Friday, March 02, 2007

Federally mandated poll post

I've been busy at work today but I have been informed by the CRTC that if I don't do a post on polling tout de suite I'll forfeit my secret blogger decoder ring.

Not wanting that to happen, and still being busy, please allow me to reprint this post from August 3, 2006, at a time there was much polling joy in Liberal land, called Polls are for dancing:

There seems to be much glee and rejoicing around the Liberal blogsphere these days over recent positive poll results, including a Decima poll today that shows the Liberals just one point behind the Conservatives.

Positive news, to be sure. But let's not get carried away here. In fact, let's try not to pay too much attention to the polls at all. Was it that long ago that we were very low in the polls, subject to lots of Conservative carping about their coming majority? Things change quickly, and they can change quickly again.

I consider polling to be mainly a junk science anyway, take a look at how well most polling companies did calling the last election. Public opinion is also a fickle thing, and can change on a dime. This week the results seem to be driven by a poor opinion of Harper's Middle East policy. Who knows what the issue will be next week.

My point is that we shouldn't pay attention to the polls because our ability to influence them, particularly in opposition, is limited. And no matter what our position in the polls, our job is still the same.

I think we’re on the right track with a good leadership race that is now heating up. I think we need to be a more forceful and effective opposition when Parliament resumes in the fall, and I hope that message goes out at the caucus meetings this month in Funcouver.

We need to just keep doing our job, and if we do it well the people will come around and the support will be there. Newspapers may like polls, but for us there's only one poll that counts. And I don’t mean SES

Lesson being, things change, and can change quick, so don’t get hung-up on polls good or bad. We need to stop obsessing over every poll result, trying to debunk it or issue dire warnings. We know we have work to do. We know what needs to be done. So let's just do it.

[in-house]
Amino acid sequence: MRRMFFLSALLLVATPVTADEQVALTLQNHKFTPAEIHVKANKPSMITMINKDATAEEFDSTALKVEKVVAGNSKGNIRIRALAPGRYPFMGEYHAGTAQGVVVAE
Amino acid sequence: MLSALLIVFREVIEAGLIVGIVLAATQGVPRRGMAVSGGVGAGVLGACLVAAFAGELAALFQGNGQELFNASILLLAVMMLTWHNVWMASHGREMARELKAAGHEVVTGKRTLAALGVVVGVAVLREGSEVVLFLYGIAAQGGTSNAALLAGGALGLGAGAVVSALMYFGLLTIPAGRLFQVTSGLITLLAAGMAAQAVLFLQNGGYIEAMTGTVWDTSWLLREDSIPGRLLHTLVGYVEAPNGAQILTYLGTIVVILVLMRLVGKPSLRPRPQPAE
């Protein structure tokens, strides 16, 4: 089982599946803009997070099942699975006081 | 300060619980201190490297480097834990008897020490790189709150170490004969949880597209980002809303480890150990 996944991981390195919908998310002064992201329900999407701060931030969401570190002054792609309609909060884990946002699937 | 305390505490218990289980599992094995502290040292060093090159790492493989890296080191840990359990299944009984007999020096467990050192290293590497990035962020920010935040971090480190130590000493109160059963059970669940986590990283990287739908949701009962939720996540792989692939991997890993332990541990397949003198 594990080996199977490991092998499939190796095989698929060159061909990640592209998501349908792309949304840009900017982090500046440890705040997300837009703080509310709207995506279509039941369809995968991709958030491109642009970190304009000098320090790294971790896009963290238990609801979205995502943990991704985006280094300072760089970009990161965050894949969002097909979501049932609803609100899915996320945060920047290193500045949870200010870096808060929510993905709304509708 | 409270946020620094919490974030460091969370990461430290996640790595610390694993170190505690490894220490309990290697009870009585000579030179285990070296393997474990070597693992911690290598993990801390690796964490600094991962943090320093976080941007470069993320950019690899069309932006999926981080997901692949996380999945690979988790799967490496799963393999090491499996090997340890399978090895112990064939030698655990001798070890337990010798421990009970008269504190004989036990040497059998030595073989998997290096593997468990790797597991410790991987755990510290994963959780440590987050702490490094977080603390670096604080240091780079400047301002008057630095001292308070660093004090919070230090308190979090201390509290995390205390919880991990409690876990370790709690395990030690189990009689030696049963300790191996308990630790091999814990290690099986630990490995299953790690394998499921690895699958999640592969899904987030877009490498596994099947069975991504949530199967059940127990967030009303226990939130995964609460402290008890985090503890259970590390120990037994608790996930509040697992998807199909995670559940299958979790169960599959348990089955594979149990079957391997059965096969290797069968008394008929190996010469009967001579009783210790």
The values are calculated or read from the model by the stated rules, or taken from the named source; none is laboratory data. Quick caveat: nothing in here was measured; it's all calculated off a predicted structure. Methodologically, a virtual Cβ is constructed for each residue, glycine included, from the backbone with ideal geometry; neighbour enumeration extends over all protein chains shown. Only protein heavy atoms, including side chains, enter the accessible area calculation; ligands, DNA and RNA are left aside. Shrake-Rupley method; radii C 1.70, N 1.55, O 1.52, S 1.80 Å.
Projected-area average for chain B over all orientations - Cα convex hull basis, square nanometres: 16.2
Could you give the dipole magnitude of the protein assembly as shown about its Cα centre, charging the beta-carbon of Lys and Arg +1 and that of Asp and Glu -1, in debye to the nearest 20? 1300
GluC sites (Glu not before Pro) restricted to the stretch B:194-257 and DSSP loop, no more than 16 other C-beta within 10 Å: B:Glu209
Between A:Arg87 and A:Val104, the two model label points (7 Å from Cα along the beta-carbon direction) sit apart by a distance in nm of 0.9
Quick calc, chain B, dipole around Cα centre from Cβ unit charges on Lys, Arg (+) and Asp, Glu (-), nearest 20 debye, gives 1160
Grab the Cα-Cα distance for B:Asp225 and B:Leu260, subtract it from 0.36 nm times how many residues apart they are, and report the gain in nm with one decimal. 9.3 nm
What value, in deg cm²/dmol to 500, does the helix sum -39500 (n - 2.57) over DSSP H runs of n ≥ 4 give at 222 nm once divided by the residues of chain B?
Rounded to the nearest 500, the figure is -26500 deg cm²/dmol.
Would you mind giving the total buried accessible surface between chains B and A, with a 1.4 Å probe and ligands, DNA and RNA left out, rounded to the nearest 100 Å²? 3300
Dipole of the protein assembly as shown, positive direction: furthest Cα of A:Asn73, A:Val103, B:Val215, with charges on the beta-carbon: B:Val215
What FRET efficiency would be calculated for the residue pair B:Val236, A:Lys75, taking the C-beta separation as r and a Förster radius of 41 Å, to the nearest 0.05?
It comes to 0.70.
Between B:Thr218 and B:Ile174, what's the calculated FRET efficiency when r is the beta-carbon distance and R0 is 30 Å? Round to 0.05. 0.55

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Olaf said...


We know we have work to do. We know what needs to be done.

You do? Oh crap... who the hell told you?

Also, I've been applying to get my secret decoder ring from the CRTC for months now, and still haven't received it - damn bureaucrats! The conservative ones are actually pretty cool, I hear: when you pass their light over newsprint, it automatically turns the word "Liberal" into "Librano", Mr. Dion into "Citoyen Dion", and so on. It's pretty sweet, and saves time, because then the Blogging Tories don't have to make the conversions mentally, which can take a while.

ottlib said...


That is pretty amusing Olaf.

Thanks for the laugh.

Miles Lunn said...

Polls are accurate, but they are a snapshot of where things are right now, they do not forecast the outcome of the next election as things change. The swing vote only represents about 10%, but that can have a massive impact on the final outcome. In Ontario alone, which way this 10% swings can affect over 30 seats. So the Liberals if they run a strong campaign can win this 10% to their side, just as they could lose them to the Tories if they mess up badly.

A BCer in Toronto said...

Actually Olaf haven't you gotten the Blogging Tories 2.0 upgrade yet? It saves you the trouble if having to write posts, instead the day's talking points from Sandra Buckler are automatically transmitted, formated and posted...